My problem with the acquisition route is that I don't see the value at all. What I am trying to do is to disrupt an industry, something that I believe is broken and in the middle of a change, and aligning with one or the other existing player is expected to slow down, or completely undo, the disruptive nature of the business. I am amazed by the fact that some of these very smart private equity executives think more of the same is an option, and they see value in acquiring the private sector colleges in the UK, whose business models have just disappeared. It may be that people who are interested in education, by which they mostly mean K12 and not the kind of education we are trying to offer, are trained to think in terms of continuity, not disruption. So far, the only saleable thing in the education market was vintage, and one can't blame investors for trying to buy a bit of that. However, for someone in the thick of it, this is a time to challenge the notions and change the models, and this is why I even thought private capital will make the difference.
However, may be not : My understanding is that the people I am talking to are incredibly smart but blinded by the sophistication of their technique. The feeling I get is that they really believe that every business is reducible to some simple template where everything should be comparable to everything. Their art is of this reduction, which they have mostly learnt from the best business schools in the world. However, they are completely oblivious of everything else, the messiness of the real life business, the everyday social life, the human and emotional factors that differentiate success from failure, and the reasons why a business exist at all, escape their template. They have an underlying arrogance that if anything comes on the way of making money, that can be fixed: Rules can be changed, governments can be persuaded, media can be won over and activists can be bought, everything with a tried and tested techniques, a template, stored in the closet.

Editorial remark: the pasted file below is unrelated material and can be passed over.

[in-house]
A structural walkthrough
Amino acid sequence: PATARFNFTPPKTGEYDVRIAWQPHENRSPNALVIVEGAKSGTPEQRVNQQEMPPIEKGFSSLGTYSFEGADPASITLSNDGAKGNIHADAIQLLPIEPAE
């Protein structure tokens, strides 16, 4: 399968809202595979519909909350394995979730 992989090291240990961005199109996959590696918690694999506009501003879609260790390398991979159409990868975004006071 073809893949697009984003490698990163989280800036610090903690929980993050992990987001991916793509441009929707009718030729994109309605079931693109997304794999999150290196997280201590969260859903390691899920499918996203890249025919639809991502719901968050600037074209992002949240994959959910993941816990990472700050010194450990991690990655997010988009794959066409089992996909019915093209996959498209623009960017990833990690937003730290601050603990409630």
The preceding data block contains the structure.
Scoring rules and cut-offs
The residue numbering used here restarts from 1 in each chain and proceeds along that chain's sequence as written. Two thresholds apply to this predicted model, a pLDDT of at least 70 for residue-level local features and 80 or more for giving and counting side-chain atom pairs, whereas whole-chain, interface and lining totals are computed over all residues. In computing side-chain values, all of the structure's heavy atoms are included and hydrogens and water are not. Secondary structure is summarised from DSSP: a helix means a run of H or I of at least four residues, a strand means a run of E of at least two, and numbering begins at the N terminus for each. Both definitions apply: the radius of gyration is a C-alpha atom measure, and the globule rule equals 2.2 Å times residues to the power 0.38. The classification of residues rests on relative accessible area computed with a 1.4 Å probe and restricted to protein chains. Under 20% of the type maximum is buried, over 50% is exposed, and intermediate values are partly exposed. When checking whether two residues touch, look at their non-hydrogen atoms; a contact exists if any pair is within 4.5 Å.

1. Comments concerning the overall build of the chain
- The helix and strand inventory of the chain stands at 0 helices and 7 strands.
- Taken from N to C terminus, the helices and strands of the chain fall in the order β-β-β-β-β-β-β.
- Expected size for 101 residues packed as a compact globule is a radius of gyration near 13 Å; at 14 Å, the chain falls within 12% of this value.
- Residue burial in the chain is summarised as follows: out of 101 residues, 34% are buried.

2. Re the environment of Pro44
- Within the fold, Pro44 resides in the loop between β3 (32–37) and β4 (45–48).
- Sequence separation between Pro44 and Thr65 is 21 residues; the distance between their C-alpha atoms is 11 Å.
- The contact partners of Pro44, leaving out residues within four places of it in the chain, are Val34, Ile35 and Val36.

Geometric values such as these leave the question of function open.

Whether or not this gets my project off the ground, this sure helps my enquiry - into the models of For-Profit Education that can also deliver value to its students. Indeed, despite my lofty sentiments about businesses being there to solve social problems, the point of For-Profit is profit: It may come from creating education solutions for the students, but only through exploiting arbitrage, reaching out to students who the public institutions can not serve, or buying out the public institutions which have fallen out of favours and run out of funding. It seems that the disruptive ideas about education, of newer forms of institutions and of transformational models, which is not just about converting non-users to users but creating success where none exists, have to come from outside the realm of For Profit enterprises. In a sense, it shouldn't be surprising that the For Profit Education in United States and other places are not at the sharp end of educational innovation: The endowment funded institutions generally are. Despite my scepticism about mandatory philanthropy, which some countries seem to want to impose on education businesses (like India, where only not for profit institutions can offer Higher Education), this is my deja vu moment, the realisation that my goals may be best served by adopting a different approach, and a different model, to the job at hand. This is also the time to recognise that it is not the money, but the ability to do the work that attracts me. As long as I can stick to this, and wave a good bye to my millionaire dream, I may just seek out another form of getting the job done.